Spain rocked by deepening Gibraltar fishing dispute
With no end in sight to Gibraltar’s ban on Spanish vessels casting nets in water around the Rock of Gibraltar, Spanish fishermen’s representative Pedro Maza expressed his shock at Gibraltar’s interpretation of a Spanish scientist’s technical report recommending that fishing resume in the disputed waters.
As the five-month stand-off between Spain and Gibraltar intensifies, Maza, president of the Andalusian Federation of Fisheries Associations, accuses the Gibraltarians investigating the report as comprising a team of “environmentalists with no knowledge about fishing.”
Both sides in July agreed that Ignacio Sobrino, director of the Oceanographic Center in Cádiz, southern Spain, would prepare a report on sustainable fishing in Gibraltar waters while a simultaneous report by international wildlife expert Indrani Lutchman for Gibraltarian technicians was undertaken.
Maza complained that Lutchman “does not have a clue about this matter” and that the report authors had deliberately twisted Sobrino’s scientific data.
In the midst of heated technical arguments, a Spanish vessel cast nets in Gibraltar waters last week and refused to leave when ordered by Gibraltar Defense Police, the military force in the area. Five Spanish vessels also entered the waters but cast no nets and retreated when told to by Royal Gibraltar Police, the area’s civilian force.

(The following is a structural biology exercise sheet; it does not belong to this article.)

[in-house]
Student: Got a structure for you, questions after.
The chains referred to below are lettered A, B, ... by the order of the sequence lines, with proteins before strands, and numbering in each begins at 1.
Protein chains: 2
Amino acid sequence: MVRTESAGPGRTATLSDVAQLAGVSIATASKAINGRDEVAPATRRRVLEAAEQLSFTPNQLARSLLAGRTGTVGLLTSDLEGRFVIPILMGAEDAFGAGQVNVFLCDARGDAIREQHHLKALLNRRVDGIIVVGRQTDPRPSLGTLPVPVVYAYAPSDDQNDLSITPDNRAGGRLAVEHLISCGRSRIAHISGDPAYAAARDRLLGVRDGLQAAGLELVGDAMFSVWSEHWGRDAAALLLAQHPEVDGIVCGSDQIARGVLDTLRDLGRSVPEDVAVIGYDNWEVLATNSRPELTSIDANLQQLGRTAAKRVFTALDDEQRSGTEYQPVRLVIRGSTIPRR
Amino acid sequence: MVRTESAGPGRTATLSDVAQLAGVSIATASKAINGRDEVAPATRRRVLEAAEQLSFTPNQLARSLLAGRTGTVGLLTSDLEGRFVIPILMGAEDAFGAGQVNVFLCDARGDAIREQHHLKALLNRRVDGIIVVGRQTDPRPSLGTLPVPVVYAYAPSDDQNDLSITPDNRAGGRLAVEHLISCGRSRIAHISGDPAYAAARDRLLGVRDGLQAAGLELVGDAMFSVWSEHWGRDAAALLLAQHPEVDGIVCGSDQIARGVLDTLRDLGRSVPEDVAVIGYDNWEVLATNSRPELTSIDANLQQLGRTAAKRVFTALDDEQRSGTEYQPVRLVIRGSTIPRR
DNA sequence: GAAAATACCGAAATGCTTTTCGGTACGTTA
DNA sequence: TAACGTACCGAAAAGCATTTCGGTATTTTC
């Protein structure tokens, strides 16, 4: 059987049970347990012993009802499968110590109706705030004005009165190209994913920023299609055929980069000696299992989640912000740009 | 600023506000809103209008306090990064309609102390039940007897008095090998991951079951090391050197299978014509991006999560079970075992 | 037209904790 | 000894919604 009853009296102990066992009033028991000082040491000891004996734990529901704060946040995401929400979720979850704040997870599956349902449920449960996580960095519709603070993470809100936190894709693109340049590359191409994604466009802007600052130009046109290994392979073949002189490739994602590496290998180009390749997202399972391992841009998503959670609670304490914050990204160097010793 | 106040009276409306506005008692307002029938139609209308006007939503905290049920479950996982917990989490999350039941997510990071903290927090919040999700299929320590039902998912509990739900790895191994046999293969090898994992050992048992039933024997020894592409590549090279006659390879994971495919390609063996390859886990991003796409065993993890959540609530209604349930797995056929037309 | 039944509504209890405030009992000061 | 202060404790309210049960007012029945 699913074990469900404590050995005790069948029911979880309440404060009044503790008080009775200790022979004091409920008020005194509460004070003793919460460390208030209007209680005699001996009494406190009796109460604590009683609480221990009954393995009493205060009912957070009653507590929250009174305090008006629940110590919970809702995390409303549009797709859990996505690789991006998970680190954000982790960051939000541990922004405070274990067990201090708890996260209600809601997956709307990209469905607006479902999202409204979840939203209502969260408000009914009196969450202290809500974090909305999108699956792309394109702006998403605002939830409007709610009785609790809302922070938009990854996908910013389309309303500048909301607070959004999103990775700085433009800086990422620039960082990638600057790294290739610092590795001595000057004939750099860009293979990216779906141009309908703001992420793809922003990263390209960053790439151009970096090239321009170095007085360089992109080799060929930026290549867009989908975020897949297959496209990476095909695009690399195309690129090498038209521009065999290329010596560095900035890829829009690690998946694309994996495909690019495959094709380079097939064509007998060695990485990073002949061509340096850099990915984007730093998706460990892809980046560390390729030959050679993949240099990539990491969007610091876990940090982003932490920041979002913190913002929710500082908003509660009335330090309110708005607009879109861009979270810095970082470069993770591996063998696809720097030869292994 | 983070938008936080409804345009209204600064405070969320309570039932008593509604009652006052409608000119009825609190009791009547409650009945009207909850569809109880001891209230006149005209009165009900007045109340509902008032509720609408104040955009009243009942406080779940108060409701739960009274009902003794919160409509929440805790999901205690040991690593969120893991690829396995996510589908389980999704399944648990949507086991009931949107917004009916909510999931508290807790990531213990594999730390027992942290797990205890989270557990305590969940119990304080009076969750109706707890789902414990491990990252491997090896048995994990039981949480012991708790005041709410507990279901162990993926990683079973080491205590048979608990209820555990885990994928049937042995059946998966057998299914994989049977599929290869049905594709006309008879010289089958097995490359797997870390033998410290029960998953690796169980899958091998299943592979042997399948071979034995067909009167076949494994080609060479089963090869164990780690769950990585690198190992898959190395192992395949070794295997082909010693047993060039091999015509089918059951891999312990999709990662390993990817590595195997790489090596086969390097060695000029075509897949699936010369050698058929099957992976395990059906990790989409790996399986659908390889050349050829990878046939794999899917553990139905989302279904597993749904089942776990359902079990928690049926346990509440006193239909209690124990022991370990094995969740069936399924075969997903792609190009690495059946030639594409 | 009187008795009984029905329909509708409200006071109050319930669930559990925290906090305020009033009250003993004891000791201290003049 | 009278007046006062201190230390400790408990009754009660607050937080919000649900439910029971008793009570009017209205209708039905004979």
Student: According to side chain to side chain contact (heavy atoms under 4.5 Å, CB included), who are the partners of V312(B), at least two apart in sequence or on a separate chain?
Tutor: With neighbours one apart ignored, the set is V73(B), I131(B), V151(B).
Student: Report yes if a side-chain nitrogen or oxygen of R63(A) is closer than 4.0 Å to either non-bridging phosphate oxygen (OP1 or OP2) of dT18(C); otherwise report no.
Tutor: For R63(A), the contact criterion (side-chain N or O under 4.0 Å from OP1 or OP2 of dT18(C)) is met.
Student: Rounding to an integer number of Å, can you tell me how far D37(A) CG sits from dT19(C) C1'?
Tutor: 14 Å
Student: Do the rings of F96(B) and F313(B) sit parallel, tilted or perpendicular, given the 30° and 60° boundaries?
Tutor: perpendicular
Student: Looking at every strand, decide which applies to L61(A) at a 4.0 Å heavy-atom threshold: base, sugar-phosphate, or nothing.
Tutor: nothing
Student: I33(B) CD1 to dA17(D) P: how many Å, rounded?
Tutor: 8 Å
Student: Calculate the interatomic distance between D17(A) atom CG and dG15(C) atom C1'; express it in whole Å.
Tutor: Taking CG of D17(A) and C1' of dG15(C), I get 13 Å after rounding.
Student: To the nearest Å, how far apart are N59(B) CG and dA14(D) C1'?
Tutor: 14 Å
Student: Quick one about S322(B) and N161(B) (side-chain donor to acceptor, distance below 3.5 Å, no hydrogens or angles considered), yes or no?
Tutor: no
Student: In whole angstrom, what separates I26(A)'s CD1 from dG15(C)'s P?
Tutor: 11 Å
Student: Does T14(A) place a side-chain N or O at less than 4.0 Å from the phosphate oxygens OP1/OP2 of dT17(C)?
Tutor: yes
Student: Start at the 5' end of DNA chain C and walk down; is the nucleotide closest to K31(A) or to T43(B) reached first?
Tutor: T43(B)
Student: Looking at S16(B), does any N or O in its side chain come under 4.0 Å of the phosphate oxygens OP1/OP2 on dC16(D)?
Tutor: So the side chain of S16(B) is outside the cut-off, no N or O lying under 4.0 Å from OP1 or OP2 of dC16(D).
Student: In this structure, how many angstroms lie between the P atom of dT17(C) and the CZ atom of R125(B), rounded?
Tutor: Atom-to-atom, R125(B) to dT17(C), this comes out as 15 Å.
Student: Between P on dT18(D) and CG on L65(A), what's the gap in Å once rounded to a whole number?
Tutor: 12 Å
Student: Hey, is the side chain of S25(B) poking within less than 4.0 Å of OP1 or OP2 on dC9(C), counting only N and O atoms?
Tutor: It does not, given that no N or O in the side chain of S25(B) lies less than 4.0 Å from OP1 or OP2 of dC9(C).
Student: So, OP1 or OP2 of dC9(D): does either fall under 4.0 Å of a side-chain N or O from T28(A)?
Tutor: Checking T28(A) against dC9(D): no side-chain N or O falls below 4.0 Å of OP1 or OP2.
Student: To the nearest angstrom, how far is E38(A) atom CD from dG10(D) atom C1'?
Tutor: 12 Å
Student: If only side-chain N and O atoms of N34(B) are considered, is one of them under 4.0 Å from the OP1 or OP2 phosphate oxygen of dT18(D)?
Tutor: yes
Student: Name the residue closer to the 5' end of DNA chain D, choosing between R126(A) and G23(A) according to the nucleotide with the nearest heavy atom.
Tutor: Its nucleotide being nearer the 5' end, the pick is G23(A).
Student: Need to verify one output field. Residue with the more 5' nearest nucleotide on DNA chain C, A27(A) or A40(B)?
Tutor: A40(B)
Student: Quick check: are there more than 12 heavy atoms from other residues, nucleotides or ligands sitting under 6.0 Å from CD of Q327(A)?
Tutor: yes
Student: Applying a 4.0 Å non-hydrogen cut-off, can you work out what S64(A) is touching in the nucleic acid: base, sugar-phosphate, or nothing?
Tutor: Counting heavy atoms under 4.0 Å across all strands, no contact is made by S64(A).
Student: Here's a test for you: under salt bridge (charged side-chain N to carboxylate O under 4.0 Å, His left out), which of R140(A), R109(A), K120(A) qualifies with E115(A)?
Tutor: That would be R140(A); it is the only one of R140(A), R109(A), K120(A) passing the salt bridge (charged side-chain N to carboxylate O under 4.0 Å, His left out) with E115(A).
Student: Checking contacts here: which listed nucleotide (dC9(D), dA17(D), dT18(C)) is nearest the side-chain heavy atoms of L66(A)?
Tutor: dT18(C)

Adding fuel to the fire, Spain’s Foreign Ministry made an official complaint to the British Embassy in Madrid to “express its displeasure” at Gibraltar’s ongoing ban on net fishing, claiming the issue is politically motivated and unrelated to fishing or environmental concerns.
Rejecting claims that there had been any misunderstanding about an agreement made with the Gibraltar Chief Minister earlier this month, Maza said, “I have all the evidence that we have not misinterpreted anything. It is astonishing that we have been discussing a series of issues only to find now that everything has changed.”
Maza has stated his intention to ask Spain’s King Juan Carlos to intervene on their behalf before the tense situation reaches a boiling point. He warned that the situation will get much worse and vowed that the fishing vessels will return to Gibraltar waters “whatever the consequences.”
Despite the major setback the fishermen have suffered, Maza continues to look for a solution and said that if problems persist from this point forward they “will not have been of my or the fishermen’s making.”
While Spain insists its fishermen are legally entitled to fish with nets in Gibraltar’s waters under Spanish law and European Union regulations established in 1999, Gibraltar reasserted its sovereignty over the waters in March this year on environmental grounds. Spanish fishermen are suspicious of Gibraltar’s hidden agenda for enforcing the protected status, believing Gibraltar’s aim in dissuading fishing is to regain land to develop a luxury marina.